$148 million short and 5 TBDs too many

Legislative Republicans released the framework of their proposal to use general obligation bonds to fund the state’s share of a new Minnesota Vikings stadium.

What’s notable about the proposal is how much is still left to be worked out at this point.  The full document released (sketchy as it is) is at the bottom of the post.

The proposal would cap the state’s contribution to the new stadium at $250 million.  This is meant to represent various infrastructure costs related to construction of a “roof-ready” stadium.  The city of Minneapolis would still kick in $150 million, using the same means as the previous stadium bill — utilizing existing city sales taxes that support the Convention Center.   The team, meanwhile, has reiterated that its contribution is capped at $427 million, the amount in the previous stadium bill.

That leaves a $148 million hole in the financing for the stadium that has to be filled — the cost of the roof.  That’s “has to be”, as in not optional, as the GOP was claiming yesterday.  Legal consensus is that a stadium without a roof would not be eligible for general obligation bonds.  Where’s the plan for that?  Well, it’s “TBD” — a phrase that appears five times in the single-page proposal.

Is there a path forward here to fill that gap?  Is the team going to kick in that much?  Not likely.  You may be able to squeeze a few more million out of the team and make them responsible for cost overruns, but they certainly aren’t going to be putting in the full amount.  Given the struggle of getting $150 million past the Minneapolis City Council, doubling that amount is a non-starter.  Bringing in Hennepin County as a second local partner isn’t likely, either.  So the most likely and most reasonable option would be to bond the full $398 million state contribution from the previous bill.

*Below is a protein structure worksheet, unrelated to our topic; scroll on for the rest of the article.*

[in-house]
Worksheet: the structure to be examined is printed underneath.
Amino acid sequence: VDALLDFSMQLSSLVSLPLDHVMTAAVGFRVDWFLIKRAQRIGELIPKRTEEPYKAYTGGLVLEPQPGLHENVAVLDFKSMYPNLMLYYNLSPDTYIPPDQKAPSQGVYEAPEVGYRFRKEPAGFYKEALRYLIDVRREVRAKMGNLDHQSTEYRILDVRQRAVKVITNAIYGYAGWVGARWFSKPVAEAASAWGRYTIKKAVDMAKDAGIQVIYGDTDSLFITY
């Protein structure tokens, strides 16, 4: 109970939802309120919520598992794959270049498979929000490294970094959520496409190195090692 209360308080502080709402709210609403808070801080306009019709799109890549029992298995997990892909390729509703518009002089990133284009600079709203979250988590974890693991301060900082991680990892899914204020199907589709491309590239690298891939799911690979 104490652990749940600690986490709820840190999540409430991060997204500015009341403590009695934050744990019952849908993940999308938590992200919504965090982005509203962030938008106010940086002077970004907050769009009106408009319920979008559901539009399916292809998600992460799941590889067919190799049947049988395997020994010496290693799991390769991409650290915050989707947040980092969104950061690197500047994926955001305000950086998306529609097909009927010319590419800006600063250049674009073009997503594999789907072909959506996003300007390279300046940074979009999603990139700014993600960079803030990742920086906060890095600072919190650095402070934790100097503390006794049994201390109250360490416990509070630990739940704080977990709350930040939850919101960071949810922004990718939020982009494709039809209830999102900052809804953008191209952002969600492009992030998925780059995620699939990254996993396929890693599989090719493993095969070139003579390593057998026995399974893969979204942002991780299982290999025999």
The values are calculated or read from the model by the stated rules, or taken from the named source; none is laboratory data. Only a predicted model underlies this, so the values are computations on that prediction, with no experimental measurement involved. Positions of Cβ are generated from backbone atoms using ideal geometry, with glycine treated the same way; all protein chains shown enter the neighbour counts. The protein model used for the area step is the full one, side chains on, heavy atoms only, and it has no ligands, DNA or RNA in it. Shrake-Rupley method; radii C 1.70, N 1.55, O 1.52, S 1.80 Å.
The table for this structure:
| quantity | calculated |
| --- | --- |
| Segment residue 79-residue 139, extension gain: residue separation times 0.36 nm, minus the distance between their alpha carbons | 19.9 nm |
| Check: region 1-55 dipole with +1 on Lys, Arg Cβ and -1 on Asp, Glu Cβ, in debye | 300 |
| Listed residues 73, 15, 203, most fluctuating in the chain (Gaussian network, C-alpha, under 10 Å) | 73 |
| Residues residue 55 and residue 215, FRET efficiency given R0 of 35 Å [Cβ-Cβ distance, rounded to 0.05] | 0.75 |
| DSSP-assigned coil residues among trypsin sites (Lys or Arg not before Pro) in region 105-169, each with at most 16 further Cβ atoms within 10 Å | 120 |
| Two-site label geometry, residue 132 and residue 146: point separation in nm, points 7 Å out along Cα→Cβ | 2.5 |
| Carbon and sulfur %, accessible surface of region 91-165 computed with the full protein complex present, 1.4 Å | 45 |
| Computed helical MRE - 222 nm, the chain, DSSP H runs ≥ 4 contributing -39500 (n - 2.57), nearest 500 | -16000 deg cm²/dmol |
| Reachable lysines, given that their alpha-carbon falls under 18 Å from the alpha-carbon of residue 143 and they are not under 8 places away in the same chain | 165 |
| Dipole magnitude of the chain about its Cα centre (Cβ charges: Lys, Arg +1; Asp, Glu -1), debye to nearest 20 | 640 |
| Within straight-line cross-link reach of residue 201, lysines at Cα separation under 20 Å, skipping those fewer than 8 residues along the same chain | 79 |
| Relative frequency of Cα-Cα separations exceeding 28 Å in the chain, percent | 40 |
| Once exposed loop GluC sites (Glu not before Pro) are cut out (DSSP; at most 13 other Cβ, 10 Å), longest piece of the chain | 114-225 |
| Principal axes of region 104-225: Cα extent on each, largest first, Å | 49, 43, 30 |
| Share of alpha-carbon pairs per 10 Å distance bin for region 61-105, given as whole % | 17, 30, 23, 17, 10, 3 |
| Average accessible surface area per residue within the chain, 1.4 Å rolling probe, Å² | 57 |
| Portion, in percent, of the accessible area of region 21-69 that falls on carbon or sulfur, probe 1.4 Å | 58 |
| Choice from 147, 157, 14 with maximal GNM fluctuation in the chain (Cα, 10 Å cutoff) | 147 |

But upping the stadium contribution likely means you’re looking at a total bonding bill in excess of $800 million.  (Remember that bonding bills have to pass the legislature by a 60% supermajority.)  DFL votes will be required and they’re not going to sign on to a package that scrimps on needed local projects.  Is an $800 million-plus bonding bill more acceptable to Republican majorities than the previous stadium bill?  Given that many Republicans were perfectly fine with having no bonding bill at all this year, I would say that’s a dubious proposition.

Some of the harsh rhetoric may have faded, but until there’s a real plan to fill that gap and get rid of those TBDs, my post from yesterday still stands:  this proposal isn’t terribly serious and is doing more to kill chances of a stadium than advance it.


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